Levy. The actual or constructive seizure of the employer-debtor’s property to pay off a judgment is levy.14 The difference between a garnishment and a levy is that in a garnishment the property is held by a third party; in a levy the property is held by the debtor.

Levy is most often used in conjunction with a sheriff’s sale: the sheriff seizes the property and makes it available for a sheriff’s sale.15 Property seized can range from personal property such as furniture and equipment to jewelry or a vehicle to alcohol and the liquor license on the premises of a restaurant to real property. It may be intellectual property.16 As in garnishments, there are often exemptions to what may be sold. Examples of state-specific exemptions are clothes, bibles, sewing machines, and motor vehicles or tools of trade up to a certain value.17

Even if you never conduct a sheriff’s sale, the threat of a sale can be a huge leverage. Schedule a sheriff’s sale of someone’s personal items, and the spouse will likely pressure that someone to settle. Schedule a sheriff’s sale of a business, and the possibility of losing assets at terrible prices will also force a settlement.

Keep these in mind: First, you need to find the physical assets of your employer-debtor before you can levy them. Finding the assets of, say, a fly-by-night construction contractor or janitorial company may be more difficult than finding the assets of a restaurant.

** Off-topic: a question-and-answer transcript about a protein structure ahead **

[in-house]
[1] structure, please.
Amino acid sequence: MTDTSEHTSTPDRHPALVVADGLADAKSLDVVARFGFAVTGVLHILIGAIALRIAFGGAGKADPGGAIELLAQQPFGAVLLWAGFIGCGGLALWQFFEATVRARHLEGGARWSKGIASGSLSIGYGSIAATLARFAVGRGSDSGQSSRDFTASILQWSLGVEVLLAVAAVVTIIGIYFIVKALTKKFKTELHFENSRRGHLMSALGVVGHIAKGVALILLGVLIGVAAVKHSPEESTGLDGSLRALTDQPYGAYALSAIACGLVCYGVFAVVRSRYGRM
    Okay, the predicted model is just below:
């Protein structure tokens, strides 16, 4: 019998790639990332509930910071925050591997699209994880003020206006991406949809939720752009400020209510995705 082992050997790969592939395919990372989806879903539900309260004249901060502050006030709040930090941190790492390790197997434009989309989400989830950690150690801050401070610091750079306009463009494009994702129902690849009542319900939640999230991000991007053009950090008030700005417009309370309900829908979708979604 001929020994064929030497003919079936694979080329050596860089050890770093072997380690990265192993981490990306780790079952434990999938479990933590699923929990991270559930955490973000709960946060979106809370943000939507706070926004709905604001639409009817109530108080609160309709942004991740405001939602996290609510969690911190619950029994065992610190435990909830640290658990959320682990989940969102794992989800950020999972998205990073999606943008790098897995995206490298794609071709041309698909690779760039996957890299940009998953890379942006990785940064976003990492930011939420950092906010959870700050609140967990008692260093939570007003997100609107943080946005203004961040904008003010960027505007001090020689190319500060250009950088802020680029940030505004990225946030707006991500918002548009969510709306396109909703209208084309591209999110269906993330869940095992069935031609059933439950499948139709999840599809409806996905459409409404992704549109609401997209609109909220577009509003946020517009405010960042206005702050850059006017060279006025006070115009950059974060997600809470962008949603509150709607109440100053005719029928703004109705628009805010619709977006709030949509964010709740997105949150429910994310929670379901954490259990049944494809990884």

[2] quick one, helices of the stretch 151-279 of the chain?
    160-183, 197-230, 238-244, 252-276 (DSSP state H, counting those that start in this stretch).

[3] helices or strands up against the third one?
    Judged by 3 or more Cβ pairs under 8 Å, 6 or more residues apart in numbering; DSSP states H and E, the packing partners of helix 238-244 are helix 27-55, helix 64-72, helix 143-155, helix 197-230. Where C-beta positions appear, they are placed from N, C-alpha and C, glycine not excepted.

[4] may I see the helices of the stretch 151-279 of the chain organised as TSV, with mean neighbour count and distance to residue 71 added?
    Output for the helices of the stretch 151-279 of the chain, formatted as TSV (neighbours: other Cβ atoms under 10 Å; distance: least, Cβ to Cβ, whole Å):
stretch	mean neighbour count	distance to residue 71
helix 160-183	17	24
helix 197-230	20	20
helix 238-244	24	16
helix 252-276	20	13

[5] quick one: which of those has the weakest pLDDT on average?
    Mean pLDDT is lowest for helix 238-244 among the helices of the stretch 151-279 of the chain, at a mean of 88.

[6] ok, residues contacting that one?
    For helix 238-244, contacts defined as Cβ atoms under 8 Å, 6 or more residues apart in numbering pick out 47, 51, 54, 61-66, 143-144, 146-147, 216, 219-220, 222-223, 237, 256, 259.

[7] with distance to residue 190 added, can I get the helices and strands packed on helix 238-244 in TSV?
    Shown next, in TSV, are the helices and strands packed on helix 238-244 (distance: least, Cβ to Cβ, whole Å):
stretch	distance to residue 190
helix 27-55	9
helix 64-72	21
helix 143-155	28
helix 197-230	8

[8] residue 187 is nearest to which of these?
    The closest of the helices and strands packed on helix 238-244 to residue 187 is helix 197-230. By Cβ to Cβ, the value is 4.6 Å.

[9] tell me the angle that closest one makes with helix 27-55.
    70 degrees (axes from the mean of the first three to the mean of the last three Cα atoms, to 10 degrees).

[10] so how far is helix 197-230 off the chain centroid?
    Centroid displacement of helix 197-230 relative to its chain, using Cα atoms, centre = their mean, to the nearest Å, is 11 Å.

Second, the assets have to have value, either to the debtor or to a third party, before levying them makes sense. Sometimes the assets have little monetary value (think: old computers, specialized signage, or an old pickup truck), but the business relies on them to operate. If you are able to take the computers away from an accounting firm, that firm will fold immediately. Generally the judgment creditor (your client) can “credit-bid” against the judgment creditor’s own judgment for items at the sheriff’s sale. Credit-bid to buy up less valuable but crucial tools of the business to get leverage for a settlement.

If items have external value, you can drum up excitement about the sale among competing businesses. A sheriff’s sale of a restaurant may entice restaurant-supply stores; a sheriff’s sale of an auto body garage may entice other mechanics who want to get their hands on otherwise expensive equipment at a good price. The job of advertising the sale is often left to you, and so get creative and use the Internet to find local businesses that would benefit from the sale.

Not all items are worth selling, however. Cars, for example, are often not worth selling except to put pressure on a business. Newer cars are often underwater on their loan (since a car’s value drops quickly after leaving the lot); cars that no longer have loan payments are often not worth enough to entice buyers without a proper inspection. Personal clothing items and old furniture in a house are not worthwhile either—you will have a lot of trouble finding a buyer for someone’s old, ratty couches and suits.

Sometimes you need to think through a business and put all of the previous ideas together to come up with a good sheriff’s sale strategy. The fact of the sale itself may be enough to garner media and other unwanted attention to get your client paid. Even the threat of sale and the subsequent harm it will cause a business may help your client get paid without actually going through with the sale.